With fewer readers and less advertising, periodicals of ink on paper seem doomed to disappear. But they won’t.
A survivor of an even more acute crisis at the dawn of TV can testify that magazines will adapt and survive. The reasons are embedded in the human desire not only to know what’s happening in the world but understand its deeper meaning.
The Internet stuffs Americans with information but leaves them starved for understanding, a task that has moved up the media food chain to newspapers like the New York Times. Yet beyond that daily context lies a complex world unseen by sentient members of the best-educated generation in human history.
Magazine editors are unique among journalists in that they invent their readers. Rather than report news over which they have no control, they fill pages with whatever interests or obsesses them and, like magnets, draw attention of those who find the results to their taste, delivering what one editor called an attitude toward the world on a regular basis.
TV arrived in the 1950s and took away magazines’ function of comforting entertainment, killing off many but nudging survivors toward special interests by age, gender and sophistication. Fiction-filled women’s magazines gave way to Cosmopolitan and Self; Esquire went from barber-shop pinups to sharp cultural comment.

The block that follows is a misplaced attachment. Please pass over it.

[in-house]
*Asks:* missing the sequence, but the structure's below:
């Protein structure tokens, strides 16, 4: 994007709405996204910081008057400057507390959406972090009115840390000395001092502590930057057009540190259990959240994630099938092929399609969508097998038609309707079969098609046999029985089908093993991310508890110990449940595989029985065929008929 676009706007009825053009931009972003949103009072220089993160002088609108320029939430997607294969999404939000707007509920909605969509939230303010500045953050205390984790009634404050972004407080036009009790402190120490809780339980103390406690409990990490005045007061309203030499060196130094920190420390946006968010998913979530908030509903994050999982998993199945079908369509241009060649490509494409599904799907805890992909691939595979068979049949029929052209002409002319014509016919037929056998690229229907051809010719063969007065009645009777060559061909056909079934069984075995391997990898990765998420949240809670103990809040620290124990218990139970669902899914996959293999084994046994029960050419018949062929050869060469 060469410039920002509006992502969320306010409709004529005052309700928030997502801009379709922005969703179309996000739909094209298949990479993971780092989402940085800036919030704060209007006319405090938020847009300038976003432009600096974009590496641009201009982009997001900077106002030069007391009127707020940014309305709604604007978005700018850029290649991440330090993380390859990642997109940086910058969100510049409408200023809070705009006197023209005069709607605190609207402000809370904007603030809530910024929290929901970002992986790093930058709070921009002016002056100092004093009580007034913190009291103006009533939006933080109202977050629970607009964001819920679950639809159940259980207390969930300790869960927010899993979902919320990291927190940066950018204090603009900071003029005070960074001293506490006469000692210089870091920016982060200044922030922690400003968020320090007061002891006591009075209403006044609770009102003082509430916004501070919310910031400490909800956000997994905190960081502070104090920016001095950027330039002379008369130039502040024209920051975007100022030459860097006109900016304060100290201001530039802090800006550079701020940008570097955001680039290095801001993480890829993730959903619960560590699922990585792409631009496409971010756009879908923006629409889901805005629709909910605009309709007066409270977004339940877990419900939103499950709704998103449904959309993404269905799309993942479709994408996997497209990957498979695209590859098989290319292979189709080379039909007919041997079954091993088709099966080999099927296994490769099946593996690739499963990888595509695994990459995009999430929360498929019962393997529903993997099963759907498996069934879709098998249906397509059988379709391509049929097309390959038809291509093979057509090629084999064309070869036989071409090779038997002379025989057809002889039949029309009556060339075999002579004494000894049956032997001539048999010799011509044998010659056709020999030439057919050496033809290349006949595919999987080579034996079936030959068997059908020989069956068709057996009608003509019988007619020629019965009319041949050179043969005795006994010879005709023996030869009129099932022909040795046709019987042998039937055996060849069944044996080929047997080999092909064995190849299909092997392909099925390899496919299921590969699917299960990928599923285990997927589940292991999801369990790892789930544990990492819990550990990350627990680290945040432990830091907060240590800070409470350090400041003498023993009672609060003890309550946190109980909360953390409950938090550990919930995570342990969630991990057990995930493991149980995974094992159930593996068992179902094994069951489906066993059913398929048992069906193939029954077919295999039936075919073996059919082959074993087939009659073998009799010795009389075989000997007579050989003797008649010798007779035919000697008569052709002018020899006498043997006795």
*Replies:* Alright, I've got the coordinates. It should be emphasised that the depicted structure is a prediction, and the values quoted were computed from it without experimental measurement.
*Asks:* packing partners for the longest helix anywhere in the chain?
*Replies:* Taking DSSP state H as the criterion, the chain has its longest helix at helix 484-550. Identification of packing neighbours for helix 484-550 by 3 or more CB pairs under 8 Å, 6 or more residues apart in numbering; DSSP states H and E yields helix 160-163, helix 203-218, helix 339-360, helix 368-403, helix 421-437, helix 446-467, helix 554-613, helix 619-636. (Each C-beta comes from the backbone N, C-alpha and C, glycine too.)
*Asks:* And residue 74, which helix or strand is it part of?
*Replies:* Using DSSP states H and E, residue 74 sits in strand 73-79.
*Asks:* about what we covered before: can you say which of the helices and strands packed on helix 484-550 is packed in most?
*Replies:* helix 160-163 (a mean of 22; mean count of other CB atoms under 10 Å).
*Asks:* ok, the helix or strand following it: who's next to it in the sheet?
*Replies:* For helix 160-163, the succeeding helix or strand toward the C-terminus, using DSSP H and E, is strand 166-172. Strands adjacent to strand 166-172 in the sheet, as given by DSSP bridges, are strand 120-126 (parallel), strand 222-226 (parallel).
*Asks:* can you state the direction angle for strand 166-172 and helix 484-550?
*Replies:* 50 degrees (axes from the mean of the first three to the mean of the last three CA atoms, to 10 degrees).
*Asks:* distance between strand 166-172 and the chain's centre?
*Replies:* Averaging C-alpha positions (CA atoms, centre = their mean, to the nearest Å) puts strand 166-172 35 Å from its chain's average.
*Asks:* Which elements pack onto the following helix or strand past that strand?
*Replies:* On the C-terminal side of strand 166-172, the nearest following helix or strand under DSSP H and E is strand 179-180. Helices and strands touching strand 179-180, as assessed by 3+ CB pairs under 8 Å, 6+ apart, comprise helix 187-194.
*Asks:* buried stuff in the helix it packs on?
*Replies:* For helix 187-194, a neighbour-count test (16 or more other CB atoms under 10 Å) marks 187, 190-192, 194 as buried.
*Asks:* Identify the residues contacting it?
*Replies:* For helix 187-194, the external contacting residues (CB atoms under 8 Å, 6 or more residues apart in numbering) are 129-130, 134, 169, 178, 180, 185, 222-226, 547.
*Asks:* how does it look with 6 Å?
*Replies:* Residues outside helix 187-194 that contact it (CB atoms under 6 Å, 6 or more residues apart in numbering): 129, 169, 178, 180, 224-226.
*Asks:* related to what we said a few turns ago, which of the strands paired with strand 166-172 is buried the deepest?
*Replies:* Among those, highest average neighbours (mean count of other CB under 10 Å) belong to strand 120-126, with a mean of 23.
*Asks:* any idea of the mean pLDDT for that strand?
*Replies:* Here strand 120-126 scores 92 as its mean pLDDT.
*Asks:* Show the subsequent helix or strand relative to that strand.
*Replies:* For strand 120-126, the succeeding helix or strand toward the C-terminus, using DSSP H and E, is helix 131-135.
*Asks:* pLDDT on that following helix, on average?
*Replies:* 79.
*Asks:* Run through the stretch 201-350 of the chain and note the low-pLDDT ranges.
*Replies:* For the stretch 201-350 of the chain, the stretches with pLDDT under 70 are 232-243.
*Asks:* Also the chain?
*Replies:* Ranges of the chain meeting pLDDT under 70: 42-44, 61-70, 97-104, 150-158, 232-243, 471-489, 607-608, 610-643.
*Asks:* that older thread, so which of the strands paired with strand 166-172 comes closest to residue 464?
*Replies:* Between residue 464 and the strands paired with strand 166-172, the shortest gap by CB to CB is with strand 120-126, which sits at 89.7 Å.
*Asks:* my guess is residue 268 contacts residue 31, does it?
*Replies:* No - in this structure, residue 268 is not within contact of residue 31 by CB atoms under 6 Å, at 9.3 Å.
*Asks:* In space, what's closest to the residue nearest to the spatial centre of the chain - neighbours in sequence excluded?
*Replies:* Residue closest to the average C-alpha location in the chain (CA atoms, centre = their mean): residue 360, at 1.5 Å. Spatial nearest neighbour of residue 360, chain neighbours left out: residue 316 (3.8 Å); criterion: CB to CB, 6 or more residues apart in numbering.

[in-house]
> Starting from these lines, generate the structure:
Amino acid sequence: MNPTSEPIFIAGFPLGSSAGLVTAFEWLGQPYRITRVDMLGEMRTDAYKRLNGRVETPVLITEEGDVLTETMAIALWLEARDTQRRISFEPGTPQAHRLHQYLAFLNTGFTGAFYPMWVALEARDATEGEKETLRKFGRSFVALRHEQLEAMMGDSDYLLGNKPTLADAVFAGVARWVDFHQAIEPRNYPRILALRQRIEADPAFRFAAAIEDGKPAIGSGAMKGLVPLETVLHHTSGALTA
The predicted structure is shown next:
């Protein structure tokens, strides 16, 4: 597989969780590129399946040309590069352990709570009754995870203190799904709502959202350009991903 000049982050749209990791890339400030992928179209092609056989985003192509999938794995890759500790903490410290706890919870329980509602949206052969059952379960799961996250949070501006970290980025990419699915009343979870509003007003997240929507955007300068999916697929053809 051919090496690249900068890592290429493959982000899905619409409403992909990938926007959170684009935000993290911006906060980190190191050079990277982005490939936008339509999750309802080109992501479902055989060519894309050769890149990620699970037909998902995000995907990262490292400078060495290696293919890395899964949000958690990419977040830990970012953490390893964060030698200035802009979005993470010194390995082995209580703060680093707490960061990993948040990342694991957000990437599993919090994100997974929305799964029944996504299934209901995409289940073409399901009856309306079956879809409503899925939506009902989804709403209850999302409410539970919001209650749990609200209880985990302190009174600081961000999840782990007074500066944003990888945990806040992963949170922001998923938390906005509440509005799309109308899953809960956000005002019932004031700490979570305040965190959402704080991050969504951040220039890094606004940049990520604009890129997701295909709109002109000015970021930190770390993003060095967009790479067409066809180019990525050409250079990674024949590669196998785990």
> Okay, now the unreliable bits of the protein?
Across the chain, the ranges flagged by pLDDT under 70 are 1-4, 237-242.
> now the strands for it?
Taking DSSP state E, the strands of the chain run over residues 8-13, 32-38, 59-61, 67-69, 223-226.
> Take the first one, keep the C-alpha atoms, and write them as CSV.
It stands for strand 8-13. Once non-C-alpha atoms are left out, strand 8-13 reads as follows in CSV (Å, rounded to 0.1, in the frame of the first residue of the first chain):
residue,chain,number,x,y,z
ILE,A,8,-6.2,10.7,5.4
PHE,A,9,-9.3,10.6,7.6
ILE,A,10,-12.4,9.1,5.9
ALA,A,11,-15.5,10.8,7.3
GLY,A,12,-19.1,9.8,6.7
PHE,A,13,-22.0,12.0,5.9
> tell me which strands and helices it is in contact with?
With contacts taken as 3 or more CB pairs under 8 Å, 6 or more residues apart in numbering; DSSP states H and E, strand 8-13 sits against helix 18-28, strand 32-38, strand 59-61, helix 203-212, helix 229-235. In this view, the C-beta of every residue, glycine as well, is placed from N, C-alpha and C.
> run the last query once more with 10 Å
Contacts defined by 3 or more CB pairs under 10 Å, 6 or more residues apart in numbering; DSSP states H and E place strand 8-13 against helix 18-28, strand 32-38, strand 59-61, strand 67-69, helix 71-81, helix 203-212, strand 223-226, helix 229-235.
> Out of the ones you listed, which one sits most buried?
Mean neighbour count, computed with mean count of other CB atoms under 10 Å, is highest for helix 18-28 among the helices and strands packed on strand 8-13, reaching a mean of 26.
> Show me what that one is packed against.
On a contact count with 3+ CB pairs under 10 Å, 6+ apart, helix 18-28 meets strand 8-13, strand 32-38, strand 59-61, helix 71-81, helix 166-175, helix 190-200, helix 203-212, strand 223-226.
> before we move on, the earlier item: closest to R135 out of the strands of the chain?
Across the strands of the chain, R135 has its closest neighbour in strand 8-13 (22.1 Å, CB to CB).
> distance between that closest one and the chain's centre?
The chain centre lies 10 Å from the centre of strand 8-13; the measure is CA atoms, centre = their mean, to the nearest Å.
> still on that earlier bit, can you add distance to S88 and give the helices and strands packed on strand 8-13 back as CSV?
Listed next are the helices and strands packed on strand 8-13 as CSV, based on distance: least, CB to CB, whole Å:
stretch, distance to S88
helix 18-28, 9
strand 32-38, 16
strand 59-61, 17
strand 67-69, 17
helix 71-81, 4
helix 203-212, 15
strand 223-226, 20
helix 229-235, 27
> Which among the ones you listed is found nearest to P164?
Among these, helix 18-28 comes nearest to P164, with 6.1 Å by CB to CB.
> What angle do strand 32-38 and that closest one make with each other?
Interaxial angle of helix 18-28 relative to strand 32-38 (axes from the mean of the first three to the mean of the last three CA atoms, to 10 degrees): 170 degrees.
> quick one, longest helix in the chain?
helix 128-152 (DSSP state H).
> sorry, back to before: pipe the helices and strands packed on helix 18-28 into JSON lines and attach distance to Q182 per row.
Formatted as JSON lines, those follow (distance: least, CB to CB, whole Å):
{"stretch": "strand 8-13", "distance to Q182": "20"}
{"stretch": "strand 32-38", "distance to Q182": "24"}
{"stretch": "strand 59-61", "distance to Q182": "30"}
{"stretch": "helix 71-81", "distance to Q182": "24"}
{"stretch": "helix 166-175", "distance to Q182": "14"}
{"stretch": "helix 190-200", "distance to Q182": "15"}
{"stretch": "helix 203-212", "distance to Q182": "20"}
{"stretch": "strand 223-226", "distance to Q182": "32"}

It was soon joined by New York, which last week suffered half-death in print, giving birth to the New Journalism to mirror a new kind of politics with a new kind of reporting. Tom Wolfe wrote about Radical Chic and Gloria Steinem profiled the man who was moving into the White House in 1968 (“When Richard Nixon is alone in a room, is there anyone there?”)
As a magazine editor during that time, I learned that the job meant more than telling people what they want to know. More important was telling them what they don’t know they want to know until you tell them.